Protecting the Earth starts in your own backyard—and, as a group of local middle schoolers are proving, there’s no minimum age requirement. Enter the Coral Project, a STEAM initiative at Palm Beach Day Academy made possible by a grant from the Annette Urso Rickel Foundation.
After biology teacher Ashley Hollern screened the Emmy Award–winning documentary Chasing Coral, her students were hooked on the topic of coral reefs and their global decline. With help from The Reef Institute and Coral Restoration Foundation, the eighth and ninth graders transformed an underutilized storage closet into a coral nursery, complete with photosynthetic lighting systems and lab-grade tanks they assembled themselves and filled with seawater.
Through the Coral Project, students are able to continue studying a worldwide issue in a personal context. The overall aim of the program is to conduct research and bring awareness to the gravity of reef bleaching at home and abroad. To accomplish the latter, students mobilized history and video production teacher Jonathan Paine, who’s filming a documentary on their project that will air in fall 2020 on PBS.
Note: Watch the the documentary on Saturday, September 19 at 5:30 p.m. (WXEL), Wednesday, September 23 at 7:30 p.m. (WPBT), and Sunday, September 27 at 3:30 p.m. (WPBT).
“We wanted to take an actual global issue and empower these kids to see that they can make a real difference if they take it seriously and are engaged, and they’ve just become incredibly passionate about this whole process,” says Paine. “Whether it’s coral or another global issue, [it’s about] the idea of empowering the children that they can make a difference.”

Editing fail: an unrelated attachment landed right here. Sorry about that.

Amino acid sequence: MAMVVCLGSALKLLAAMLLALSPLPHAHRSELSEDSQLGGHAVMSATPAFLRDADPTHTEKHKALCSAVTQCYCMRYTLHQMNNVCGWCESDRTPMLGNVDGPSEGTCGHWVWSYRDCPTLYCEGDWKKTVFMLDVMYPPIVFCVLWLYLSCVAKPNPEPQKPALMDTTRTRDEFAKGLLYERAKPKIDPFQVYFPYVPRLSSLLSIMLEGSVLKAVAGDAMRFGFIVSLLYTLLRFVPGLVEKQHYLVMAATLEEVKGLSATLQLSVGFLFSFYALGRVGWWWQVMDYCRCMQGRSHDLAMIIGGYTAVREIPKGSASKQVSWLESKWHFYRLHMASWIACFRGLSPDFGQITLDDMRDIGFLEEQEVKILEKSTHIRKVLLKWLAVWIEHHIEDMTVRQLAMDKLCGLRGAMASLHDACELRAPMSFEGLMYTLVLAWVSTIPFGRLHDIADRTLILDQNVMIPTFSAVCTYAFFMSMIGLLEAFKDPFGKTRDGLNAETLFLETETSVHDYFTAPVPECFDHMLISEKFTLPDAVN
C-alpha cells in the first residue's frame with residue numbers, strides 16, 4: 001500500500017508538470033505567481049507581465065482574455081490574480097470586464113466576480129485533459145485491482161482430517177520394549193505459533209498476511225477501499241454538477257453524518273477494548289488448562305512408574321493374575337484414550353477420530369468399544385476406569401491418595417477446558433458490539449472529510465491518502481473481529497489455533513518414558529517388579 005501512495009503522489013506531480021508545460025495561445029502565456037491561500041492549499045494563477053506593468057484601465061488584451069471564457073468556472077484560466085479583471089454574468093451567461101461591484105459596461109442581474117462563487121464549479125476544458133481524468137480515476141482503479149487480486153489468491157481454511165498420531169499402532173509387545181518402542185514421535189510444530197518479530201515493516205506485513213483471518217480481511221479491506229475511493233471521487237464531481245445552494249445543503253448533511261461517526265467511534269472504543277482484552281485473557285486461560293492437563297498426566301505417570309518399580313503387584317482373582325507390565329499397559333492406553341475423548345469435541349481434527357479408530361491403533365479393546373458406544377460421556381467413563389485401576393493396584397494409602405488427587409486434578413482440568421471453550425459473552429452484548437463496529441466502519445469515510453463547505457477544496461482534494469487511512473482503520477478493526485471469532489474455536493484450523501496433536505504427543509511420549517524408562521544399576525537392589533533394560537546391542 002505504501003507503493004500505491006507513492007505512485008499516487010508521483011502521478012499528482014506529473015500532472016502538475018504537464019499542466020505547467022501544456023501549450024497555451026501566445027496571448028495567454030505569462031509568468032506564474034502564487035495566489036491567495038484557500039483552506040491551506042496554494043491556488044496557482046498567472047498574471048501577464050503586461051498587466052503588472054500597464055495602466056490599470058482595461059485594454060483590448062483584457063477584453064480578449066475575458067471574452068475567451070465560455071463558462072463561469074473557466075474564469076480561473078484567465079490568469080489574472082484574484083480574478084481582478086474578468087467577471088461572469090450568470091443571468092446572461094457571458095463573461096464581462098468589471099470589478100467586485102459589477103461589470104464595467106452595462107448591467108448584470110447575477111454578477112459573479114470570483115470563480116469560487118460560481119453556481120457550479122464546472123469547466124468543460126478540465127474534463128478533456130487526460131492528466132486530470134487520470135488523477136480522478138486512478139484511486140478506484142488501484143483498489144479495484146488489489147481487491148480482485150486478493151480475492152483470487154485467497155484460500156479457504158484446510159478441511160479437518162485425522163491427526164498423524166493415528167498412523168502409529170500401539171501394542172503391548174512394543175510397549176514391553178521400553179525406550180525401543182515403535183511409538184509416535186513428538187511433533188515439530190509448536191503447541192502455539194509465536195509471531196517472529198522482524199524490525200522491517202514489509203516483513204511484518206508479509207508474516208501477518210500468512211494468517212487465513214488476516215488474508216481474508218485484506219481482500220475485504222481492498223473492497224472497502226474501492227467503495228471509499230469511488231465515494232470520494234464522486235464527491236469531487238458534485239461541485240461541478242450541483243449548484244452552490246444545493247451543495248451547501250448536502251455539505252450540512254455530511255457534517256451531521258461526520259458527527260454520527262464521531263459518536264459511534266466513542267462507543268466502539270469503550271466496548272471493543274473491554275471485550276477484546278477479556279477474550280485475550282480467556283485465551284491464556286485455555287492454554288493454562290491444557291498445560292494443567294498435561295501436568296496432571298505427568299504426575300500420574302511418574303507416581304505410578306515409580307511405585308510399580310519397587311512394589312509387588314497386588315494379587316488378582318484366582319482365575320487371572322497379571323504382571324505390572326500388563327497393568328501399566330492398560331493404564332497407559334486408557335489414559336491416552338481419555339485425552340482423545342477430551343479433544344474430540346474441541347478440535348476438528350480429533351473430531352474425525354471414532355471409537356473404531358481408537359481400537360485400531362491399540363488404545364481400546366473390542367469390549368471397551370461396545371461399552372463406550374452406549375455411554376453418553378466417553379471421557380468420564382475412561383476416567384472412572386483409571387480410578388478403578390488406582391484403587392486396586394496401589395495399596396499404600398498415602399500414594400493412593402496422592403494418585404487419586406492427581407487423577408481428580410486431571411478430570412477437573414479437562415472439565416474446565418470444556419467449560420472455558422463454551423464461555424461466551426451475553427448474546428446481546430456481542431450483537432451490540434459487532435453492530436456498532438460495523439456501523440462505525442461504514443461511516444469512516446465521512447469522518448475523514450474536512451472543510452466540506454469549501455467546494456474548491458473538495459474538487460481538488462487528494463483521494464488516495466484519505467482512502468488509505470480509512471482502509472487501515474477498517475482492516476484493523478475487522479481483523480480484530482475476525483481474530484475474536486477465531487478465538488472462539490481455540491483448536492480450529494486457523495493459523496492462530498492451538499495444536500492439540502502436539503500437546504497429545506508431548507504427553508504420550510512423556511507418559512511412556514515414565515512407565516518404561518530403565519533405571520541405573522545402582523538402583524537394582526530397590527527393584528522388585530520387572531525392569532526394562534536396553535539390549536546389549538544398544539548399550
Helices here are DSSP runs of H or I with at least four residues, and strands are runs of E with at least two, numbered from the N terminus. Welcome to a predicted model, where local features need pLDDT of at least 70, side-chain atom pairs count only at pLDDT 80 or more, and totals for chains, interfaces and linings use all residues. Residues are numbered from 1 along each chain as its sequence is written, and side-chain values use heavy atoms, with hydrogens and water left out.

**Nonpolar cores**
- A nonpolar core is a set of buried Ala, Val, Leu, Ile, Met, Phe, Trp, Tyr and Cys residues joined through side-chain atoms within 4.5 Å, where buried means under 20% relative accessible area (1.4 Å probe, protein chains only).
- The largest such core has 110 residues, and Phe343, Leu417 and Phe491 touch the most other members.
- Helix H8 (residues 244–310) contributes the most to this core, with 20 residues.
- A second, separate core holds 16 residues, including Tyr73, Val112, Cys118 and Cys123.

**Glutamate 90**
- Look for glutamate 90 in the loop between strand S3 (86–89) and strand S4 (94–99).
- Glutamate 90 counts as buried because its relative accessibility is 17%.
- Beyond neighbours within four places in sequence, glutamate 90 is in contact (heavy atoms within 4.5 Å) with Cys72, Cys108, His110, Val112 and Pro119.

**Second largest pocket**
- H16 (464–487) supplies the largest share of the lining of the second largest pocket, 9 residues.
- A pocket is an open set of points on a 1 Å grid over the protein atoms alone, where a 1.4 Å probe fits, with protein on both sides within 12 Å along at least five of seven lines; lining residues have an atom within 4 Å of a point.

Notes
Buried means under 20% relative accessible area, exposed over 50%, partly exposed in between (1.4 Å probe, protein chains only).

In April 2019, the students spent a week at Cape Eleuthera Institute, a marine science facility where they worked alongside researchers and learned how to elevate their own efforts. “It was amazing to validate that what we are doing is critical, and that we are participating in vital research in real time,” says Hollern.
During the school year, students measure the growth of their assigned coral fragment and maintain its aquatic environment, collecting data under the guidance of Hollern and Reef Institute scientists. They hope to eventually receive clearance to plant their spawns in Florida’s oceans, replenishing the state’s dwindling offshore reefs.
“This is a perfect way to show kids that it’s just not all bookwork,” Hollern says. “Kids in the future, in the next 50 years, are going to really need critical thinking and problem-solving skills, and I think this is a way to help them build those. They’re exposed to situations where they have to really think and pull [from] different content areas. It’s not science class—it’s science and math and English and history.”
The Coral Project unites the students’ various skill sets—photography, marketing, mathematics, writing, entrepreneurship, visual arts—for a common cause, demonstrating that no matter what they bring to the table, the important part is showing up.